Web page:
Wednesday June 14, 2023

Time constraints and day-to-day stress can impact the motivation to prepare meals and can lead people to seek out convenient options which are often not necessarily balanced from a nutrition perspective, according to Clinical Dietitian, Aaron Roman.

As part of Men’s Health Week (12-18 June), Mr Roman shares how it only takes small steps to make big change.

“Trying to not overcomplicate things is a really good starting point. I’m a big believer in keeping things simple and bringing it back to the basics,” he said.

“Making things simple, but convenient is a good idea. A simple rule of thumb is trying to aim for many different colours of fruits and veggies to ensure you are getting enough nutrients over the day. You don’t necessarily have to follow a complicated recipe, for example; chicken breasts with some herbs and spices for flavour, a little bit of rice and some veg on the side whether that’s frozen or fresh.”

Mr Roman often refers to the Australian Guide to Healthy Eating as a tool his consumers can use to help build healthier habits, by identifying small changes they can make to the foods they eat.

“It’s a framework that outlines how many servings of each food group to eat per day. In Australia, we recommend people having two servings of fruit per day. One serve of fruit would look like one banana or two smaller fruits kiwi fruit. It also breaks down how many servings of each food group to eat based on age group as well. So it’s a really useful tool to provide the foundations of how to build a balanced diet.”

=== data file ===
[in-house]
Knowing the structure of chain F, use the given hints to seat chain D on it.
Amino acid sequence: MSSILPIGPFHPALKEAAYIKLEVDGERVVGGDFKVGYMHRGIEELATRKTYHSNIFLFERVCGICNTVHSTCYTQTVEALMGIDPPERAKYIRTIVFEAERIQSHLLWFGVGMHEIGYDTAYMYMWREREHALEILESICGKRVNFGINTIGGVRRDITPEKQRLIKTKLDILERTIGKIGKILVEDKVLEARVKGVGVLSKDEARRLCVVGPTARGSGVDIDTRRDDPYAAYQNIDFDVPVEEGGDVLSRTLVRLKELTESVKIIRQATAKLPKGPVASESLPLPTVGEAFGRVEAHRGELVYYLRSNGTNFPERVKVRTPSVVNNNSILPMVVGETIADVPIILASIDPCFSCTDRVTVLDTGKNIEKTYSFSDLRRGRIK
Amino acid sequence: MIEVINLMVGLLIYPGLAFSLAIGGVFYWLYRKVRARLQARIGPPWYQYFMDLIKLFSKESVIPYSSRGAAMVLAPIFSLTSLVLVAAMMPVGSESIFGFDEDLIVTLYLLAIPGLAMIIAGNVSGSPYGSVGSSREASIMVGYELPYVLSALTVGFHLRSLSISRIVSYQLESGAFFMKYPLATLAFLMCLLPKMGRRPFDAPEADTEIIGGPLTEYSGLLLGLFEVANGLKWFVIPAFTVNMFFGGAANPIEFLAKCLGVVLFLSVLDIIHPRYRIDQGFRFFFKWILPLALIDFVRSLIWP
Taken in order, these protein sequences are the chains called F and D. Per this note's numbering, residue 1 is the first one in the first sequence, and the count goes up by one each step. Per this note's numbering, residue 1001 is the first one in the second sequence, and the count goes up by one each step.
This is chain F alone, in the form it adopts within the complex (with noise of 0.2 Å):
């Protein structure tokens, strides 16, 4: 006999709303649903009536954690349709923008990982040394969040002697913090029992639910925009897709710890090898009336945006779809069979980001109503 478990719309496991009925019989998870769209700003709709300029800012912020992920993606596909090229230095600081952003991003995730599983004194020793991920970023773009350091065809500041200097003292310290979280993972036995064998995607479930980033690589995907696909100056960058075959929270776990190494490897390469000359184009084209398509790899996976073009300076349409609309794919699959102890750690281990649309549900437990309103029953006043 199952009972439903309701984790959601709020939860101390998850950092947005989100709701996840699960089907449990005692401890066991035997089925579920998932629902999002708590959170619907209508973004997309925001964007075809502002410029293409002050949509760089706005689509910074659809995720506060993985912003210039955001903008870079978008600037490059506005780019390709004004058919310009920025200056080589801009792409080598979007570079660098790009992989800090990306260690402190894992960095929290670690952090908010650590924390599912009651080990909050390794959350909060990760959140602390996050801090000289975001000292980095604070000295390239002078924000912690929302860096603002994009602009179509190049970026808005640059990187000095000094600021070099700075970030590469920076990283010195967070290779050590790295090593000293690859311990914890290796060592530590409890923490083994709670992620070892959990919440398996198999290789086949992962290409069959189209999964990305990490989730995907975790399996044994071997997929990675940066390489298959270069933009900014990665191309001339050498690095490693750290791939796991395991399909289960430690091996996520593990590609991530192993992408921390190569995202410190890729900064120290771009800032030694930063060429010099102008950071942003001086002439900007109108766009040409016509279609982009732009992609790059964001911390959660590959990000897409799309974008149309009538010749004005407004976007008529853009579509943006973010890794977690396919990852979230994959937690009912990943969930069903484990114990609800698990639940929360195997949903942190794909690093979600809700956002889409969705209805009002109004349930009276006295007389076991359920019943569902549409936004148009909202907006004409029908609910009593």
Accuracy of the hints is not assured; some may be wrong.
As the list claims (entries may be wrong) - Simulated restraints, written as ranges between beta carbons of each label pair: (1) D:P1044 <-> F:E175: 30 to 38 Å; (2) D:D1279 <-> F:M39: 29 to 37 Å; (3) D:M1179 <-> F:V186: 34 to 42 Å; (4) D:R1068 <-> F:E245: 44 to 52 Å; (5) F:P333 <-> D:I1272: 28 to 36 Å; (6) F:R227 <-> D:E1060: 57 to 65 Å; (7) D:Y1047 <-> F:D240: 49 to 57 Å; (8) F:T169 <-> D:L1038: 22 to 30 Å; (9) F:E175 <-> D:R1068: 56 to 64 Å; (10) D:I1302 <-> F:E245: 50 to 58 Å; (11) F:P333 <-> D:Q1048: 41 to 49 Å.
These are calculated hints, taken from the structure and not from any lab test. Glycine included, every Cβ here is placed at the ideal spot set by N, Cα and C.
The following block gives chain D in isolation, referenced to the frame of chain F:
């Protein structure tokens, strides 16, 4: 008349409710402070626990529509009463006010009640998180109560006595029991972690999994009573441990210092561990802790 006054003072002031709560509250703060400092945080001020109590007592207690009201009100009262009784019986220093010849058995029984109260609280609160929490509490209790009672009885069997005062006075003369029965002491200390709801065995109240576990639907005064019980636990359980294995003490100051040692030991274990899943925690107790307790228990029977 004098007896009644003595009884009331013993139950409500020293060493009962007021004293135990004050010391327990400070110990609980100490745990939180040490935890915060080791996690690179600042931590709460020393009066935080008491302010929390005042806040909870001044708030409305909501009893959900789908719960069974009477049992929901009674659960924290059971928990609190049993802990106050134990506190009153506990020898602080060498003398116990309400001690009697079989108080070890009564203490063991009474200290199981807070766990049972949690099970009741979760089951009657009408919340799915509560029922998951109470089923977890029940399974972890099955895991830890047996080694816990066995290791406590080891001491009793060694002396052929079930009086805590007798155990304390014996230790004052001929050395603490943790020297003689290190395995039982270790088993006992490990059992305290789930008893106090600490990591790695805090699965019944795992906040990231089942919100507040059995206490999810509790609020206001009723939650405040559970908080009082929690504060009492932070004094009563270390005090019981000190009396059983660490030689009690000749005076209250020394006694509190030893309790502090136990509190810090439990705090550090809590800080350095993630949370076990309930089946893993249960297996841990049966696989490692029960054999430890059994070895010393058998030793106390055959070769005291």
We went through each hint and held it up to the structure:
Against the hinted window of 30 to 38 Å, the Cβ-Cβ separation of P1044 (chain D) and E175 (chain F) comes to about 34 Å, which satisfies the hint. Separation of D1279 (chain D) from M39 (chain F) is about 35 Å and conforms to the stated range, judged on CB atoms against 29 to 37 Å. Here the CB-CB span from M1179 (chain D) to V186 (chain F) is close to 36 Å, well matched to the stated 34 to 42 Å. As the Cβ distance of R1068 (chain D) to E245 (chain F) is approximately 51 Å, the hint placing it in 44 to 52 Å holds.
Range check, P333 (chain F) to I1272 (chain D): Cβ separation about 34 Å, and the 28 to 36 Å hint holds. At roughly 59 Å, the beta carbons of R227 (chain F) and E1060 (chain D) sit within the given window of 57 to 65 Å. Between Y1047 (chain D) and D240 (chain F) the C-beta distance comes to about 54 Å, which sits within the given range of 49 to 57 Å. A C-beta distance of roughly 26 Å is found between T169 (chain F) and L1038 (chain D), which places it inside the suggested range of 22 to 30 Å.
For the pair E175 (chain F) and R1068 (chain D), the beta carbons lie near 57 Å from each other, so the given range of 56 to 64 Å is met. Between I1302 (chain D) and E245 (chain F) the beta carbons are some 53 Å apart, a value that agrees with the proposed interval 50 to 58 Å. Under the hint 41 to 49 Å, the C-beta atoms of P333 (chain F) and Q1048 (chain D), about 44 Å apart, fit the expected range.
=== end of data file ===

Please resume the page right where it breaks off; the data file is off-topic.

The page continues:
Clinical Dietitian, Aaron Roman Image: Eastern Health
Clinical Dietitian, Aaron Roman Image: Eastern Health

Fitting in all the food groups doesn’t have to be a challenge either, Mr Roman explains. There are still ways to get the best out of your meals each day, without needing to spend hours in the kitchen.

“Frozen fruit and vegetables are a really good option and is comparable to fresh foods from a nutrition perspective – and very convenient. Another great option for many people is yoghurt and fruit. It’s a personal favourite of mine that can double up as a convenient breakfast option on the go, or a good snack. You’ve got the yoghurt there for proteins and calcium and the banana for fibre and carbohydrates for energy during the day.

Pre-prepared, packaged or microwave meals are really good, they’re tasty, but they never have enough vegetables. I always suggest adding veg on to that; so whether that’s any canned veg, frozen veg, baby spinach or even snacking on a carrot on the side will help get your vegetables in.”

At times eating habits can go unnoticed, but some things you can look out for to support your family and friends include food restriction in any form, or not getting a variety of different foods in their diet.

“Limited food variety can lead to micronutrient deficiencies. If someone is quite restricted in the foods they eat, I think that’s a pretty good indicator that they may need some support or guidance,” Mr Roman said.

If there is cause for concern, an accredited dietitian like Mr Roman can help people get back on track.

“There is a tonne of misinformation out there, whether that’s online or from friends or family. I always suggest speaking to an Accredited Practising Dietitian. Dietitians can cut through all the noise and misinformation out there to help you focus on what’s important for you.”

Find an Accredited Practising Ditetitian here